THERE’S A CHINK IN HONG KONG’S ARMOUR
Four-time Walkley Award winning political commentator and Churchill Fellow, has returned to the fray over concern that the integrity of news dissemination is continually being threatened by a partisan media.
A phone call to friends on the mainland indicates a lack of awareness of any Hong Kong protest and those who are aware appear not to give a damn anyway.
Attitudes to the so-called “Umbrella Revolution” (umbrellas for deflecting police mace) are much the same on the Island as people go about their business as normal despite having to step over 50,000 youths.
Okay here’s the rub; Beijing wants to put up its own candidates for the 2017 Hong Kong elections, allowing HK residents only a choice from Beijing’s choice.
Only 25 per cent of HK residents object, they are mainly youngsters and student activists who are not yet integral to the workings of the monetary monolith. The remaining 75 per cent see Beijing’s interference as inevitable and just want to get on with business.
Beijing is resolute and unwavering in its disputes with Taiwan, Tibet and over Japan’s Senkaku Islands, so there’s little chance it will succumb to a few Hong Kong student radicals staging a sit in.
Beijing has scant regard for human rights, it restricts the social media “menace”, manipulates media and deals with Islamic terrorism in a way the West wishes it could. Basically, Beijing does what it bloody well wants.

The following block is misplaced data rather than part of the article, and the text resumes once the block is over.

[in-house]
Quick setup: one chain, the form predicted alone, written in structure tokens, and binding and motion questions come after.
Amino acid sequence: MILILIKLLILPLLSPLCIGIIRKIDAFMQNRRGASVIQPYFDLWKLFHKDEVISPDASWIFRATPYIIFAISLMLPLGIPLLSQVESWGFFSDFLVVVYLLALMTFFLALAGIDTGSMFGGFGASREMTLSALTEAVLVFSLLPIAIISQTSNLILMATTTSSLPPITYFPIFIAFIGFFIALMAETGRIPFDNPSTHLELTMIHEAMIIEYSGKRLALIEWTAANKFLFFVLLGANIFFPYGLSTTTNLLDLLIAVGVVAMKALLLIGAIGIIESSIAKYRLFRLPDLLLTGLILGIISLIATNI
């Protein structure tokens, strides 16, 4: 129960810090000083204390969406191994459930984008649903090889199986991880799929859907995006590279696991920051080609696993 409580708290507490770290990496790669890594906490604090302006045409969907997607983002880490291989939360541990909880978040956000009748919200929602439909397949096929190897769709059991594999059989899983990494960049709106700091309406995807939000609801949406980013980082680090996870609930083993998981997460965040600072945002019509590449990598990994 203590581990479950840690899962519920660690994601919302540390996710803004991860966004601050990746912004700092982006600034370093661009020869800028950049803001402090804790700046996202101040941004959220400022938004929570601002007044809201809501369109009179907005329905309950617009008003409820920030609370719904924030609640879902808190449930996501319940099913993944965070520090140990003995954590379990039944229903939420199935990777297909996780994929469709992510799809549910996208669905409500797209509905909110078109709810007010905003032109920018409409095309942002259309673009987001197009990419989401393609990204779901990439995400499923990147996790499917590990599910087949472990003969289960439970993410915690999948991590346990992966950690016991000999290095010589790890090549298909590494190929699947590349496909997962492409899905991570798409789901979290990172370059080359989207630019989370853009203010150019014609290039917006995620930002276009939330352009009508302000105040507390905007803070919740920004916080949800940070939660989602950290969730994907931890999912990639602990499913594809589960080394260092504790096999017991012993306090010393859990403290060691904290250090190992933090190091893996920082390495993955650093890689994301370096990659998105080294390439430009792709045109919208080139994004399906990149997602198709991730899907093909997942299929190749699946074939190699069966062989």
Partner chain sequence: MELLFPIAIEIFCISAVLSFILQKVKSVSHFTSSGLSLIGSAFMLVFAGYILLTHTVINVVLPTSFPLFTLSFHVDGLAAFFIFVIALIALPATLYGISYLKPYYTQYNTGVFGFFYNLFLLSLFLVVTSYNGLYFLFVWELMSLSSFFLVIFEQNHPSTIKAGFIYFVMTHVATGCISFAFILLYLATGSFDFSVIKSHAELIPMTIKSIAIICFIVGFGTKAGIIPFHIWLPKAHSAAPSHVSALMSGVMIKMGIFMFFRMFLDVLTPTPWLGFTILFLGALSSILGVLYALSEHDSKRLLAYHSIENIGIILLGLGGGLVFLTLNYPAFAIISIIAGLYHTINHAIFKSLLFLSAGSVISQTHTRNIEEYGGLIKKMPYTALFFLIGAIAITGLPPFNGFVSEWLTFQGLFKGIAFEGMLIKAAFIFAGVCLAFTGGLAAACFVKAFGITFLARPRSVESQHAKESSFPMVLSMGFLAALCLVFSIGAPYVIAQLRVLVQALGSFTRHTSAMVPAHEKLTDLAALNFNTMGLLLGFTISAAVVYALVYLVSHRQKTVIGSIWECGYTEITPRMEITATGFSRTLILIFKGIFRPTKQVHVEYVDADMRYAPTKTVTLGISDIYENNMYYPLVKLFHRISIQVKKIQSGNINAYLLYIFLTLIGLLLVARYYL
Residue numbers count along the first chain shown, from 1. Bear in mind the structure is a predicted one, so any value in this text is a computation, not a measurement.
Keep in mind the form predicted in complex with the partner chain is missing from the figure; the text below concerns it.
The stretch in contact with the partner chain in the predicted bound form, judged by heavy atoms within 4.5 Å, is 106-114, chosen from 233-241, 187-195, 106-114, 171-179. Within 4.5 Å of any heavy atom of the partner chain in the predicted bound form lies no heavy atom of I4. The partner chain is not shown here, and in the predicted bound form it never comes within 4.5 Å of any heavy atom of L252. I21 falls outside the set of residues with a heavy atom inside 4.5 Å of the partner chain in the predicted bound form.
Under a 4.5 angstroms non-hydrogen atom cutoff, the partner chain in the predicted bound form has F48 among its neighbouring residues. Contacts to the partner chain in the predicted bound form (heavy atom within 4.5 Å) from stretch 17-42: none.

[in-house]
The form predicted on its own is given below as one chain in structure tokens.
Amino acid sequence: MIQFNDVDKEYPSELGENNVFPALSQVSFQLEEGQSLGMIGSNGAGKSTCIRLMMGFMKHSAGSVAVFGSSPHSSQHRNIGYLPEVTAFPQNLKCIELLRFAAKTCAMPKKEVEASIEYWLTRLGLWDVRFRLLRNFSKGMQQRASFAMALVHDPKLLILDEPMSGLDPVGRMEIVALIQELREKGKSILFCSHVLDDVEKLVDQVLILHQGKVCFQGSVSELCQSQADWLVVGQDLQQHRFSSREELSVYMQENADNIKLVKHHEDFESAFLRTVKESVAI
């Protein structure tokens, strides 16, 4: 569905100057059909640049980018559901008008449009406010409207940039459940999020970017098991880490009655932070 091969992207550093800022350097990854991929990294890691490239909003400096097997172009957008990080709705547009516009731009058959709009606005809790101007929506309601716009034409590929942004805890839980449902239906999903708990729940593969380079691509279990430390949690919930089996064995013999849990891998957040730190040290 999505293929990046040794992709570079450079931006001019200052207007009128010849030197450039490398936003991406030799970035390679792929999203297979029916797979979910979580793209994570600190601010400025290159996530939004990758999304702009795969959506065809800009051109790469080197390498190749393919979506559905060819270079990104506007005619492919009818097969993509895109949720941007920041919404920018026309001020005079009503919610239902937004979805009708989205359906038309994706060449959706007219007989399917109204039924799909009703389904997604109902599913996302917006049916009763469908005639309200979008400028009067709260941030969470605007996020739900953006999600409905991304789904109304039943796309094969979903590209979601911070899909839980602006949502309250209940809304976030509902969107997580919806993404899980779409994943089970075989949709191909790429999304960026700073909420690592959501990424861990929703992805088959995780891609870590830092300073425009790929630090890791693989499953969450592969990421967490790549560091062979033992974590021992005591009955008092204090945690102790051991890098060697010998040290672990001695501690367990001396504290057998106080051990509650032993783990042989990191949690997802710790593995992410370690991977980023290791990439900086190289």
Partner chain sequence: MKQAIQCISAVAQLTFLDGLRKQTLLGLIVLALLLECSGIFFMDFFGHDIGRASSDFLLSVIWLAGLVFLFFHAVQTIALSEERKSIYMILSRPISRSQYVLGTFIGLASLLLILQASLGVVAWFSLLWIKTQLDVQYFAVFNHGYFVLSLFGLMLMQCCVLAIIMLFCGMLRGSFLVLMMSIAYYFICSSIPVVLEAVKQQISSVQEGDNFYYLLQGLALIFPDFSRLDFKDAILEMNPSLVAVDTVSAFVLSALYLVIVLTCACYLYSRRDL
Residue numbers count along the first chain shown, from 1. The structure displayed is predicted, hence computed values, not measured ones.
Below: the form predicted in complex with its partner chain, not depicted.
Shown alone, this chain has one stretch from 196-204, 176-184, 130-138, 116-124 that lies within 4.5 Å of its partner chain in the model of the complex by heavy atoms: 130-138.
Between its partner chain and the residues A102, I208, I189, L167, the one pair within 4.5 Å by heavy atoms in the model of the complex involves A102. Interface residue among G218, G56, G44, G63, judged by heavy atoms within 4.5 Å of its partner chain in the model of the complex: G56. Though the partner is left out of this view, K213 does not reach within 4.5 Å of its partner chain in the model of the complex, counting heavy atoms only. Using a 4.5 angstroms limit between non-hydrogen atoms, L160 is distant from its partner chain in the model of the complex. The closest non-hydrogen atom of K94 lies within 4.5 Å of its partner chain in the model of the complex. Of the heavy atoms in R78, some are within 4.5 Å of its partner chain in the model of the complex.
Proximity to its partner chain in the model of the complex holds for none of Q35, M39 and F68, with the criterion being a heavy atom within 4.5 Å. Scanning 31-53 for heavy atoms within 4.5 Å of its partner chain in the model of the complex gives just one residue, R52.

In this scuffle it holds all the cards, both legally and pragmatically, for the simple reason that Hong Kong’s sole interest is in money, actually there’s not much else on the island to be interested in.
China’s economic success is due to treading a fine line between capitalism and communism... it’s just that regular calls for that pesky principle of democracy get in the way sometimes.
And it is the only one of the big four that has wisely ignored the Middle East.
During talks with the Brits in 1982, Deng Xiaoping of the People’s Republic of China (PRC), told Margaret Thatcher, in reference to Hong Kong, that, "I could walk in and take the whole lot this afternoon".
That was true then and it’s even truer since the 1997 handover. But that’s a solution of last resort for the mainland and it won’t be necessary.
Time is on Beijing’s side and the protesters resolve will soon wane as they tire of sitting their skinny bums on hard asphalt and wander back to uni.
Crowds of 50,000 for China don’t even register on a population scale of 1.4 billion.